said I'd set up an incentive program based on performance of some sort and work
out the details and send it over.
Q. Okay. But was his job acceptance contingent on any incentives?
A. My recollection is yes, sir.
Q. I'm sorry. Was his job acceptance contingent upon what type of incentives that you
listed in this letter?
A. I don't believe so, no.
Q. All right. It was a done deal there in Baltimore?
A. Yes, sir.
McNeil agreed that the employee reported to work every day at the Fairfax operation, three
or four trucks parked there on a regular basis, the operation ran out of the Amoco yard where the
drivers would report to work every morning, and the employee supervised the drivers. McNeil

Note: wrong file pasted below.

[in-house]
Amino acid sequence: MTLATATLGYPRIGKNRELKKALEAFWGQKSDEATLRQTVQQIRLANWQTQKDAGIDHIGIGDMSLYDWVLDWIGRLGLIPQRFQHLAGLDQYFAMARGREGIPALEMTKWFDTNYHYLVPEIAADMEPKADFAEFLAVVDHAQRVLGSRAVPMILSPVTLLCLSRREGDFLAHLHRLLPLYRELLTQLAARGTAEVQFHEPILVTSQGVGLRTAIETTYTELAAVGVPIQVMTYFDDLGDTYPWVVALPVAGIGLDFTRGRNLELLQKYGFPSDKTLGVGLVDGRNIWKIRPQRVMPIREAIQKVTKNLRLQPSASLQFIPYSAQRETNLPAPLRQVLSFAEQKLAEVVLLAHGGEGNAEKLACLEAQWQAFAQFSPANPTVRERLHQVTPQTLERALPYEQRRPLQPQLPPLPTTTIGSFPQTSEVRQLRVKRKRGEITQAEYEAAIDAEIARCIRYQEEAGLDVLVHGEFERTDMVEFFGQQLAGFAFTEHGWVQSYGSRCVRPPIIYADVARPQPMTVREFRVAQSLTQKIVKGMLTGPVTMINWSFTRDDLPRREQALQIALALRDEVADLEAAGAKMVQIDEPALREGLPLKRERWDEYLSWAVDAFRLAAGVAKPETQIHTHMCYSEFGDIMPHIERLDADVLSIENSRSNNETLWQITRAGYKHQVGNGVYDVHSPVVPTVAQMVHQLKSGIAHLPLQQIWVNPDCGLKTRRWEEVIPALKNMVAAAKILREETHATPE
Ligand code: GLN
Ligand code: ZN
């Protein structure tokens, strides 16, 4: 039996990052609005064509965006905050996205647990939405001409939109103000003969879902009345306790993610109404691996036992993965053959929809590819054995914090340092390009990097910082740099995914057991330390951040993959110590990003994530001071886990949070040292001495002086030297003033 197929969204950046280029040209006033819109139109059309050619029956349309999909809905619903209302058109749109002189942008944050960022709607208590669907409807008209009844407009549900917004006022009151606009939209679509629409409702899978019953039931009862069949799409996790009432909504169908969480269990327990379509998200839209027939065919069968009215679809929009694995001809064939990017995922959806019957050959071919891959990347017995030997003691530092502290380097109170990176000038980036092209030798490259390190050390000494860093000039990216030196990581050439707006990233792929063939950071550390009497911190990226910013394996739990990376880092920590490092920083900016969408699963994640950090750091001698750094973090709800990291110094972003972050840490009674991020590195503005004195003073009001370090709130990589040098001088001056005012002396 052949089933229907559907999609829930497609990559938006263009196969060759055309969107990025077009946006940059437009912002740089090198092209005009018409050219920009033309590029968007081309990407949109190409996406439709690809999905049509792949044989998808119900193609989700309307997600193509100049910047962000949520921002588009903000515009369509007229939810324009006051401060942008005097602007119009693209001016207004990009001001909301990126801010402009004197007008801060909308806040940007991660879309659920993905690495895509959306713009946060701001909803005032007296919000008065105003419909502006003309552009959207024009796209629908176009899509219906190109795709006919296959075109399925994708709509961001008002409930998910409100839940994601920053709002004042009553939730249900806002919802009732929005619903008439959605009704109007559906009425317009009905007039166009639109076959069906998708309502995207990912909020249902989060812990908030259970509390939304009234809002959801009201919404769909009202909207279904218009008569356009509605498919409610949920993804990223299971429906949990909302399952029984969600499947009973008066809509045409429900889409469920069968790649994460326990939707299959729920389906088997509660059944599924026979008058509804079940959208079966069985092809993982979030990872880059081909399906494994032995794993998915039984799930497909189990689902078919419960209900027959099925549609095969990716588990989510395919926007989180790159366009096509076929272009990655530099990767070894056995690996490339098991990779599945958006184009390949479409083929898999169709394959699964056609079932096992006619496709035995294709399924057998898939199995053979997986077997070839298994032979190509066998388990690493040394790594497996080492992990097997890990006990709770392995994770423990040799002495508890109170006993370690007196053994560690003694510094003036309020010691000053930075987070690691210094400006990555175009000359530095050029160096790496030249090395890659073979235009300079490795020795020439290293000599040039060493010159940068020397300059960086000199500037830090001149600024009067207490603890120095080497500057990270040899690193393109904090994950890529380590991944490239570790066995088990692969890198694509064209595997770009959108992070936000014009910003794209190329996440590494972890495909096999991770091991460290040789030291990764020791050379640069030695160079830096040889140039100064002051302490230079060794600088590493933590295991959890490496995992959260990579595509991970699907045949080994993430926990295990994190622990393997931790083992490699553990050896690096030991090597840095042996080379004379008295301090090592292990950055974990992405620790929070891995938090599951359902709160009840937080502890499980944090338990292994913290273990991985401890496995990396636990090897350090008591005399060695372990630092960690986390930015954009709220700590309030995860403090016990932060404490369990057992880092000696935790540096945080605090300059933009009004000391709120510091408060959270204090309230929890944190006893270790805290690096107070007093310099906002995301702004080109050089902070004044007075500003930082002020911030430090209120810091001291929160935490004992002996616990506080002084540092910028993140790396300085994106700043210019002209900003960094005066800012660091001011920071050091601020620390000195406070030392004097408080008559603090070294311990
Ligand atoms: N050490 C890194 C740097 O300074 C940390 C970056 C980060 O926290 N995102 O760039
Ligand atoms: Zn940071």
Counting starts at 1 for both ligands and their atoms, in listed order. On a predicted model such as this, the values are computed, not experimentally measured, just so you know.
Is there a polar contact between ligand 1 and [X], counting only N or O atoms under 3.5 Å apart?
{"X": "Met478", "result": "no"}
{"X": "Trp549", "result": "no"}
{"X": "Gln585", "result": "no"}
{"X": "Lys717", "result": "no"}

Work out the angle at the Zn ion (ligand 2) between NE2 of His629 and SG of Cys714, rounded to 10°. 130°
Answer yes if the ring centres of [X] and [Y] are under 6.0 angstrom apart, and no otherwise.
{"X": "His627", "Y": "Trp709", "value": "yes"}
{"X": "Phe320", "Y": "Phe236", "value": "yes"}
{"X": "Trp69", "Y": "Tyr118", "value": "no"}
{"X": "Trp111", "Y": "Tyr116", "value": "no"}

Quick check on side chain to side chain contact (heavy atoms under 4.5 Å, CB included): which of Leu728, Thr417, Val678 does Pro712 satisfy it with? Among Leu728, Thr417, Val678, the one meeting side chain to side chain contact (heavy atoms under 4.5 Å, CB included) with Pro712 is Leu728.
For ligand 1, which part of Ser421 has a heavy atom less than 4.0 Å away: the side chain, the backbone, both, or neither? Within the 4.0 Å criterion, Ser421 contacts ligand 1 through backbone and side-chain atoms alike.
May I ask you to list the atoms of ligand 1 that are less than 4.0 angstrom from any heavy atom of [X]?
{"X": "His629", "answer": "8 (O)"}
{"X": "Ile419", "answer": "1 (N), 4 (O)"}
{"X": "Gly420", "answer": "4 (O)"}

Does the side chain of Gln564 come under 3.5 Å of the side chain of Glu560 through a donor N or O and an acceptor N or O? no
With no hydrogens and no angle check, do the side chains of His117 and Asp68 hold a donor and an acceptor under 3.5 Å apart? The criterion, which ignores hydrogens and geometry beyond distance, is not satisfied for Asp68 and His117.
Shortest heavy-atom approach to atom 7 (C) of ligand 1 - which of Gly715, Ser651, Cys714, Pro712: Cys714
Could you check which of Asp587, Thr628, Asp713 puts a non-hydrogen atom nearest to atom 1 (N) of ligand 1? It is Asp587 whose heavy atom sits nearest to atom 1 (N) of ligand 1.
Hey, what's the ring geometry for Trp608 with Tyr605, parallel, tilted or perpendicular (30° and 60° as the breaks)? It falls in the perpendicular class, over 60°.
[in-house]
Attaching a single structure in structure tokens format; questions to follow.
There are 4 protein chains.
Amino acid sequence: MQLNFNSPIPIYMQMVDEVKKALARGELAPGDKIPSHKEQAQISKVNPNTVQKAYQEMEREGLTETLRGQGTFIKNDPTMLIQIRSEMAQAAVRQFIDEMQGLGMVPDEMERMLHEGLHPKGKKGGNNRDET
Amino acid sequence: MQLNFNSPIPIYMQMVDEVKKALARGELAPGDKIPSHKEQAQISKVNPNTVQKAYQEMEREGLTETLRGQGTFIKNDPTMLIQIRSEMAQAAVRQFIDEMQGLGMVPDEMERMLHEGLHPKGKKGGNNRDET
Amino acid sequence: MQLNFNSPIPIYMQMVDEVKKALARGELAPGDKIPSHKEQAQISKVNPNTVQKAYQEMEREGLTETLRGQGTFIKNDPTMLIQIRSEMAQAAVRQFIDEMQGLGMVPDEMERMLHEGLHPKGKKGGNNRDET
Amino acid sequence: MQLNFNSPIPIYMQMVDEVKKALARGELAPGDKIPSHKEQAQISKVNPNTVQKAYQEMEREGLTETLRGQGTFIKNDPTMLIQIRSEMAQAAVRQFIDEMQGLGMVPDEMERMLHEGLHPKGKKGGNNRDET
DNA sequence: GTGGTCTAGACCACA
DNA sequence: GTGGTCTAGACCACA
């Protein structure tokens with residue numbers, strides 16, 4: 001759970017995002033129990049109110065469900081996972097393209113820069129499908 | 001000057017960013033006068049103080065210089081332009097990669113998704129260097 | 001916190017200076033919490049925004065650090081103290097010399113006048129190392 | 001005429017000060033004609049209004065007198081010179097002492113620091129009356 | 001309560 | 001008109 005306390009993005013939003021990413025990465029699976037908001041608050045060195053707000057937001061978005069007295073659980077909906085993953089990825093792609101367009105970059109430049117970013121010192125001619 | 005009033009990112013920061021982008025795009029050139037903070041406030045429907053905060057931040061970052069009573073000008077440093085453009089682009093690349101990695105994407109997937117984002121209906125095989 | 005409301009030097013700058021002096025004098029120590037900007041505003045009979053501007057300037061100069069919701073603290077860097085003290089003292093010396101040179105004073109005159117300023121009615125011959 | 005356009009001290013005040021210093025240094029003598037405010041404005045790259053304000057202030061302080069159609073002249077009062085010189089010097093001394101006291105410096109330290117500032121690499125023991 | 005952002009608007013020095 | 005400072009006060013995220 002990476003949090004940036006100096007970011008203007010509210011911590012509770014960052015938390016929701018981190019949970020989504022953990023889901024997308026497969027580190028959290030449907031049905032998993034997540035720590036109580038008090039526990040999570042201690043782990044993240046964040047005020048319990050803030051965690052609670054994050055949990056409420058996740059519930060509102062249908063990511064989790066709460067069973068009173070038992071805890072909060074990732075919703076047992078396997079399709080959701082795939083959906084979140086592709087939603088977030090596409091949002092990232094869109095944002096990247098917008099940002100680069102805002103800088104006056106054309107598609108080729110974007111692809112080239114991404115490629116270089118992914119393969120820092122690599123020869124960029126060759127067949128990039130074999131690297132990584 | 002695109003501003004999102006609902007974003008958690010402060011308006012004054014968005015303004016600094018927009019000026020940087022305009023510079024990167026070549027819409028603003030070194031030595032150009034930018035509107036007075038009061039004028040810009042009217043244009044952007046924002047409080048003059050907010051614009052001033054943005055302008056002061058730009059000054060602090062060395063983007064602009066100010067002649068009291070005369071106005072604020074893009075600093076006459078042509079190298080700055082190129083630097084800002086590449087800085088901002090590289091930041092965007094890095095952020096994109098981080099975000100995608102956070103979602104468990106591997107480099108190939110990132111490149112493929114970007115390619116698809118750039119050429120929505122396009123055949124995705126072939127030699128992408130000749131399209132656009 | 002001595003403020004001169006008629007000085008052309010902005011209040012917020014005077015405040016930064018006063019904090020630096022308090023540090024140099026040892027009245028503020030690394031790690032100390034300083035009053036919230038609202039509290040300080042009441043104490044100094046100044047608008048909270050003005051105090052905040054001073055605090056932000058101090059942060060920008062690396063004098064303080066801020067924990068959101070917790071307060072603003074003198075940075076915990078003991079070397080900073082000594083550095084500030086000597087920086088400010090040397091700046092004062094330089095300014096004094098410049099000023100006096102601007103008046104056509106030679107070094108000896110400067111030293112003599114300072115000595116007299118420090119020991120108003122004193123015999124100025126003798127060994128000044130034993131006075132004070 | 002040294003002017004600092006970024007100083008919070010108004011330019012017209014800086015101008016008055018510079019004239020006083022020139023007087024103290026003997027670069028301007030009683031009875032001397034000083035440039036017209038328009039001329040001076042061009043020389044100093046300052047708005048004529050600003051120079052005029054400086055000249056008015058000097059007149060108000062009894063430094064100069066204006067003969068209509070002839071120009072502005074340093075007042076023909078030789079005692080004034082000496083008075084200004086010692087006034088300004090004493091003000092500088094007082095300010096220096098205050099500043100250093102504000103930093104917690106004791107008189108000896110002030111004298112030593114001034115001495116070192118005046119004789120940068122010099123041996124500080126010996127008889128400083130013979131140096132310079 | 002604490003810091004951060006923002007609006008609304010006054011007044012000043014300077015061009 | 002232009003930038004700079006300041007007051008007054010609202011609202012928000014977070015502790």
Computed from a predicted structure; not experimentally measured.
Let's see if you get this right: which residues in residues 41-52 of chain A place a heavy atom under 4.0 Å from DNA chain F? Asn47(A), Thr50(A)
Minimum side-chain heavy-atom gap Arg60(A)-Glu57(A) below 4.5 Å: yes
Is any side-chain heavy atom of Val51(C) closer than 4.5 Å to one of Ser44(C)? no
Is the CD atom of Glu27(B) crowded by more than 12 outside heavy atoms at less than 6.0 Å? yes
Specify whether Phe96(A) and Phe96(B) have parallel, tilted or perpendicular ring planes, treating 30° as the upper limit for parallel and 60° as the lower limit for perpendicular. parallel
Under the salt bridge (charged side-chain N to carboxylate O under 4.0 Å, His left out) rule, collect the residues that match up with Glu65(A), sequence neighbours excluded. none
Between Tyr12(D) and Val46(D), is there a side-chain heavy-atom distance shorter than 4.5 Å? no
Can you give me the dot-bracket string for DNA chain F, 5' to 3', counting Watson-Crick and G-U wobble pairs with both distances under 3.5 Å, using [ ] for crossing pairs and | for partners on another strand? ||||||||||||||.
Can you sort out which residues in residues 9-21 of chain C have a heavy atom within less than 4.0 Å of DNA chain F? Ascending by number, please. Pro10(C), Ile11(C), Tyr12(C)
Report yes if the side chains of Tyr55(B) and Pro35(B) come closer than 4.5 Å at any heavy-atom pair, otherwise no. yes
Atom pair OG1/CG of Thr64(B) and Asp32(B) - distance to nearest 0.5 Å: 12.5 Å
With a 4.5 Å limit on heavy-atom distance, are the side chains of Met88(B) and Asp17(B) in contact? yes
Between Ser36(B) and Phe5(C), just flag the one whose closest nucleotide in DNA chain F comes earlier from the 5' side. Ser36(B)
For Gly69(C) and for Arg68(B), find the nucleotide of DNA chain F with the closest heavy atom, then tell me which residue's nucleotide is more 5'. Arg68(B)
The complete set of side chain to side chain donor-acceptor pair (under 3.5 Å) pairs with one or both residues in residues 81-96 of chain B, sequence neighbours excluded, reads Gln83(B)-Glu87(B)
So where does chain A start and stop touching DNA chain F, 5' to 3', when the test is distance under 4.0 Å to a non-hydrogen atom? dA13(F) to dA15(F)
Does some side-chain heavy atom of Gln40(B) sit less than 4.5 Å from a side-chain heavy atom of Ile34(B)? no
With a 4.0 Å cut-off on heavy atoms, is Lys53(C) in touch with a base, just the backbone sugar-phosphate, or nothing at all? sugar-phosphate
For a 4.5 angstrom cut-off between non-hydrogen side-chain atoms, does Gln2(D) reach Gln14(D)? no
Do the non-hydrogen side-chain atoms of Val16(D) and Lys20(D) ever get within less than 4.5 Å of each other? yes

agreed that the employer had installed and paid for a telephone line and fax machine for the
employee. Amoco supplied the desk and file cabinets.
VWC File No. 186-97-73
Laura McAlexander testified that she is a vice president of the employer and works in an
administrative capacity. In 1996, her office was located immediately outside of McNeil's office.
She recalled a meeting between McNeil and the employee in May 1996 and she "was under the
impression that [McNeil] was hiring [the employee]." She heard them talking about the position
and that McNeil would come up with a bonus program. The employee was introduced to her as the
new Fairfax operations person.
The employee's brother, Samuel Tummino, testified in a telephone deposition that the
employee had told him that Fleet contacted him in November or December 1997 about setting up a